|Carlos Sainz Vázquez de Castro
|Date of Birth
|1 September 1994
|Place of Birth
|2015 Australian Grand Prix
Biography of F1 driver Carlos Sainz
Sainz’s first taste of racing came in karting, winning the Asia-Pacific KF3 title in 2008 and finishing runner-up in the Spanish Championship.
After winning the Junior Monaco Kart Cup the following year, Sainz competed in Formula BMW Europe with the EuroInternational team in 2010, while also joining the Red Bull Junior Team Programme.
It was an appearance in the Formula BMW Pacific Series at Sepang that earned him a role with the Red Bull Programme. Racing as a guest driver, Sainz was ineligible for points.
Nonetheless, Sainz finished second at the first race and followed that up with a fourth-place finish. Overall, he ended the campaign with three pole positions, two wins and two fastest laps from nine races.
Sainz in Formula 3 and GP3
From there Sainz made the move to Formula 3 for the 2012 season, racing in both the British and Euro Series. Sainz continued to impress, winning four races to go along with nine podium finishes to finish sixth for Carlin in the British championship, while he scored two podiums in the Euro Series en tour to ninth position overall.
Sainz competed in the GP3 series in 2013, driving for the Christian Horner and Mark Webber co-owned Arden team. In the end he could only manage two podiums and one pole positions, finishing 10th in the standings.
The Spaniard also competed in Formula Renault 3.5 that year, however he missed several races due to his GP3 commitments, resulting in a 19th place finish.
Championship success in Formula Renault
Sainz made the move to DAMS for the 2014 Formula Renault 3.5 season, and although he started the season with an 18th-place finish in Monza, he won the second race.
It was a sign of things to come as Sainz ended the season with an impressive seven victories, with Roberto Merhi his closest rival on two wins. Nevertheless, it wasn’t until the penultimate race of the season when Merhi retired that Sainz clinched the title, becoming the first Red Bull Junior Team driver to win the series.
Sainz enters the F1 world with Toro Rosso
After serving as test driver for Red Bull and Toro Rosso in 2013, Sainz finally earned an F1 seat with the latter for the 2015 season.
Partnering Max Verstappen, Sainz started the year with two consecutive points finishes in Australian and Malaysia. However, a run of four straight retirements during the middle of the year, along with two more later in the year, meant he could only finish the year in 15th with 18 points.
With his first F1 season behind him, Sainz’s performance improved in 2016, as he finished sixth on three separate occasions to end the year 12th on 46 points.
Switch to Renault
Although Sainz began the 2017 season with Toro Rosso, he didn’t end the year with the team.
Renault opted to let Jolyon Palmer go following the Japanese Grand Prix, and Sainz, who was originally scheduled to join the team in 2018, was allowed to leave early.
Sainz debuted for Renault at the United States Grand Prix, finishing seventh and outqualifying teammate Nico Hulkenberg. In the end, he finished the year ninth, a then career-high, on 54 points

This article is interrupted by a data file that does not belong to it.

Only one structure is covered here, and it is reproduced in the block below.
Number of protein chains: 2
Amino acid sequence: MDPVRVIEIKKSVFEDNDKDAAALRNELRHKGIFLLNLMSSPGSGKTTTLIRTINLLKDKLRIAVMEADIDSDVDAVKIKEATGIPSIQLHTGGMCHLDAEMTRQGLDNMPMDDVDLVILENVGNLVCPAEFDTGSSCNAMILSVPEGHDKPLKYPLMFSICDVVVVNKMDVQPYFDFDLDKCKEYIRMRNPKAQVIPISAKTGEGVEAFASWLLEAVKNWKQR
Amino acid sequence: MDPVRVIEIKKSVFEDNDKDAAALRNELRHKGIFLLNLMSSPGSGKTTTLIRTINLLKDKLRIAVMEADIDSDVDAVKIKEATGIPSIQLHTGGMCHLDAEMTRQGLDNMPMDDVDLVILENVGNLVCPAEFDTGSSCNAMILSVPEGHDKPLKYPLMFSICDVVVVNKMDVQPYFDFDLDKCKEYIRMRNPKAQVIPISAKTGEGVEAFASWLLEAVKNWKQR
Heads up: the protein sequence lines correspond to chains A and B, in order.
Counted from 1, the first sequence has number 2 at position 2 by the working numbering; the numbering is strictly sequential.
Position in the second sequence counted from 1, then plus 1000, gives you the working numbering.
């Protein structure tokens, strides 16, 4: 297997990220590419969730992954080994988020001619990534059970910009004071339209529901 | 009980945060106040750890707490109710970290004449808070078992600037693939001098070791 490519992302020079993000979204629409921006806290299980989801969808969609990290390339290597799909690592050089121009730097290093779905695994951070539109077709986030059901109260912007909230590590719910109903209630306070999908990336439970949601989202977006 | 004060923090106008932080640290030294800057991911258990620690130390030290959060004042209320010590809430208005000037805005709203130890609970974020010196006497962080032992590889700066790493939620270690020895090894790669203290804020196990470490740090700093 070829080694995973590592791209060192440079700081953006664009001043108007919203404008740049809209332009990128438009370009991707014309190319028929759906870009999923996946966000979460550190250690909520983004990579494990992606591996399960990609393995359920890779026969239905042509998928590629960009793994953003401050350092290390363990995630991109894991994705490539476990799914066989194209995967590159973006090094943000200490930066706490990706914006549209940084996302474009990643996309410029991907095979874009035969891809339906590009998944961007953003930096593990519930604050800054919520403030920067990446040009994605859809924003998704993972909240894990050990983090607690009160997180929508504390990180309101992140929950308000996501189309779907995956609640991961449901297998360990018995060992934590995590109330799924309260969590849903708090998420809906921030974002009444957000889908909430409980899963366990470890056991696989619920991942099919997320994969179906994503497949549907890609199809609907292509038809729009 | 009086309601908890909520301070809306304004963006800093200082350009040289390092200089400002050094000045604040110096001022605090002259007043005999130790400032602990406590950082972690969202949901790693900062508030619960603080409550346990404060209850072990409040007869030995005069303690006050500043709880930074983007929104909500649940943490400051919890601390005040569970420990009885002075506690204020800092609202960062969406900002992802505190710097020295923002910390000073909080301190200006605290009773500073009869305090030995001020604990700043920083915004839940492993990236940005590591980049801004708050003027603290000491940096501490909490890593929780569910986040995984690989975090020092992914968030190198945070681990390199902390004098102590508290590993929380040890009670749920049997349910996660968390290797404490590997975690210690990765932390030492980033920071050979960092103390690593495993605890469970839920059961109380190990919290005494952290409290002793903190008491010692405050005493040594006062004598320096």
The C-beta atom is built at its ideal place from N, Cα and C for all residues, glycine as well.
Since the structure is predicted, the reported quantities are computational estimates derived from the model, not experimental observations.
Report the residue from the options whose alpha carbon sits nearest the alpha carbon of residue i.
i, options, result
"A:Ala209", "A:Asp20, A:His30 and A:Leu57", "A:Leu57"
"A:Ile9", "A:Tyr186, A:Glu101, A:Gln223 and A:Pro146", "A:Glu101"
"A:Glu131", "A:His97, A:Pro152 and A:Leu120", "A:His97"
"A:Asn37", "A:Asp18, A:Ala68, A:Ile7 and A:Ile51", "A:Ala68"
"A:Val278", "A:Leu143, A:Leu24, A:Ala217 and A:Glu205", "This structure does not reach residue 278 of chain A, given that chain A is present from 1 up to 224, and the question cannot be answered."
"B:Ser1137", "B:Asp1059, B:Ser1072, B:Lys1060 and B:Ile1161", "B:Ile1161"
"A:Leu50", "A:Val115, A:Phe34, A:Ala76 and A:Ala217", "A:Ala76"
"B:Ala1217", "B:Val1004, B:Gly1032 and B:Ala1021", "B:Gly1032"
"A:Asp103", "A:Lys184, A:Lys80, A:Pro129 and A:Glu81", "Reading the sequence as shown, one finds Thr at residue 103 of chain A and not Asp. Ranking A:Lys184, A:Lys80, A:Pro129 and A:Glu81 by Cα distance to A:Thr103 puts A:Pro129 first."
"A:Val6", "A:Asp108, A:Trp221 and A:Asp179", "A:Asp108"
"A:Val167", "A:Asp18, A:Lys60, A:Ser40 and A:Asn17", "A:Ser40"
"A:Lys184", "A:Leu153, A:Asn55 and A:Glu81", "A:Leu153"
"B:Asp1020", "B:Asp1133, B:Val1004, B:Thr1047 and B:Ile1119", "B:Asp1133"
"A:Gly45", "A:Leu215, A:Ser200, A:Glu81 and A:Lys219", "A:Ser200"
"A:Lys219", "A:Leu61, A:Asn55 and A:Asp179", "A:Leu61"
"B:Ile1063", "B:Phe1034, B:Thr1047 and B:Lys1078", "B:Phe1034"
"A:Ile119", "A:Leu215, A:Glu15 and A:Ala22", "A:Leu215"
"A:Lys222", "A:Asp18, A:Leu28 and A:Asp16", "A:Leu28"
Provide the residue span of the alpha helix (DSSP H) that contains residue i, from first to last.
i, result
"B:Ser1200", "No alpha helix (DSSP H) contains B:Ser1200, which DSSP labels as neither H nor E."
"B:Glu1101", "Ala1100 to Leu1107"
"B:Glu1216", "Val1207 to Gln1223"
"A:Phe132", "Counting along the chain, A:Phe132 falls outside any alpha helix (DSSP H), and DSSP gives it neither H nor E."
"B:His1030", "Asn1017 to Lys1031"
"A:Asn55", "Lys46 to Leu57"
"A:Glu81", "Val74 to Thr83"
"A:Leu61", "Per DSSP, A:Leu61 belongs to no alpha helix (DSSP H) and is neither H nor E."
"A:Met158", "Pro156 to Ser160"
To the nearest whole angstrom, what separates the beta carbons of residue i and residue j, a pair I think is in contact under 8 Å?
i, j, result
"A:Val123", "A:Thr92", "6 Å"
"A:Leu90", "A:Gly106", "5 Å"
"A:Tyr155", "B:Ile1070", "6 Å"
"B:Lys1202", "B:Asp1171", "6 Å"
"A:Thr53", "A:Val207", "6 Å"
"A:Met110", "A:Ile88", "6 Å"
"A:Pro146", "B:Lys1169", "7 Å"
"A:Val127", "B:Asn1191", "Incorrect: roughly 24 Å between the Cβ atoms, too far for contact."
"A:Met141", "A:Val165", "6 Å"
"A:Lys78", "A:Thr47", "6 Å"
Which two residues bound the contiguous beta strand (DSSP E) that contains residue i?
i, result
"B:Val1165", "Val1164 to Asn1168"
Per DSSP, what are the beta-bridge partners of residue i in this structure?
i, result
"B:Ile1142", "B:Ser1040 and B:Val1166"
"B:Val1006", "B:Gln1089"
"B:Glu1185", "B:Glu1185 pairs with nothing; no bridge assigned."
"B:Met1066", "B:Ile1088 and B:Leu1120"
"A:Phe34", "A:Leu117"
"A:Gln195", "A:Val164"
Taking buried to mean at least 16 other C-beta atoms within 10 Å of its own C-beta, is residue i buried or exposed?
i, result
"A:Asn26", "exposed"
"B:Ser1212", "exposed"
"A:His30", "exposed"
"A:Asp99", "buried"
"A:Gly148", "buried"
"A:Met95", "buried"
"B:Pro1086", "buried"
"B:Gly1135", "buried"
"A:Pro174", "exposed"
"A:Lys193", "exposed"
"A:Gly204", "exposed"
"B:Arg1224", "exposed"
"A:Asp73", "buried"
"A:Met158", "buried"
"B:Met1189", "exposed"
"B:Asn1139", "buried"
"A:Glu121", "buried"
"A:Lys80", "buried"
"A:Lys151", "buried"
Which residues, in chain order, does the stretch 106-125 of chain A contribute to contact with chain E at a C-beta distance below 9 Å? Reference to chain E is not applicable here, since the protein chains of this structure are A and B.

Short stint with Renault then McLaren
Sainz started 2018 strongly with points from seven of the first eight races, including a fifth-place finish in Azerbaijan. However his form tapered off from there, with teammate Hulkenberg ending the year 16 points ahead of the Spaniard’s tally of 53.
It would prove to be Sainz’s final year with Renault, as he made the move to McLaren in 2019, replacing compatriot Fernando Alonso.
Despite a slow start that saw him fail to score points at the opening three races, Sainz turned things around, finishing in the top 10 at eight of the next nine. Sainz ended the year on a high, originally finishing fourth in Brazil, however he was later promoted to third after Lewis Hamilton was penalised for causing a collision with Alexander Albon, resulting in his first F1 podium. He ended the year sixth in the standings on 96 points, 47 ahead of teammate Lando Norris.
Sainz carried that strong form in 2020, finishing the season-opening Austrian Grand Prix in ninth. He followed that up with ninth at the Styrian Grand Prix, where he also recored his first fastest lap in F1.
Although Sainz failed to start the Belgian Grand Prix due to a power unit issue on the reconnaissance lap, he made up for it in the big way at the following race in Italy.
After qualifying behind the Mercedes duo of Lewis Hamilton and Valtteri Bottas, he came within 0.4 seconds of claiming his first win, finishing just behind Pierre Gasly in second. This result, along with seven consecutive points finishes to end the year, helped Sainz finish the year sixth in the standings with 105 points.
Sainz makes the move to Ferrari
After two years at McLaren, Sainz was on the move again in 2021, signing a two-year deal with Ferrari and replacing Sebastian Vettel.
Sainz needed just five races to claim his first podium with his new team, finishing second at the Monaco Grand Prix. Three more podium finishes, including one at the season-ending Abu Dhabi Grand Prix, helped him finish fifth in the Drivers’ Championship – the highest non-Mercedes or Red Bull driver – with 164.5 points, five-and-a-half ahead of teammate Charles Leclerc.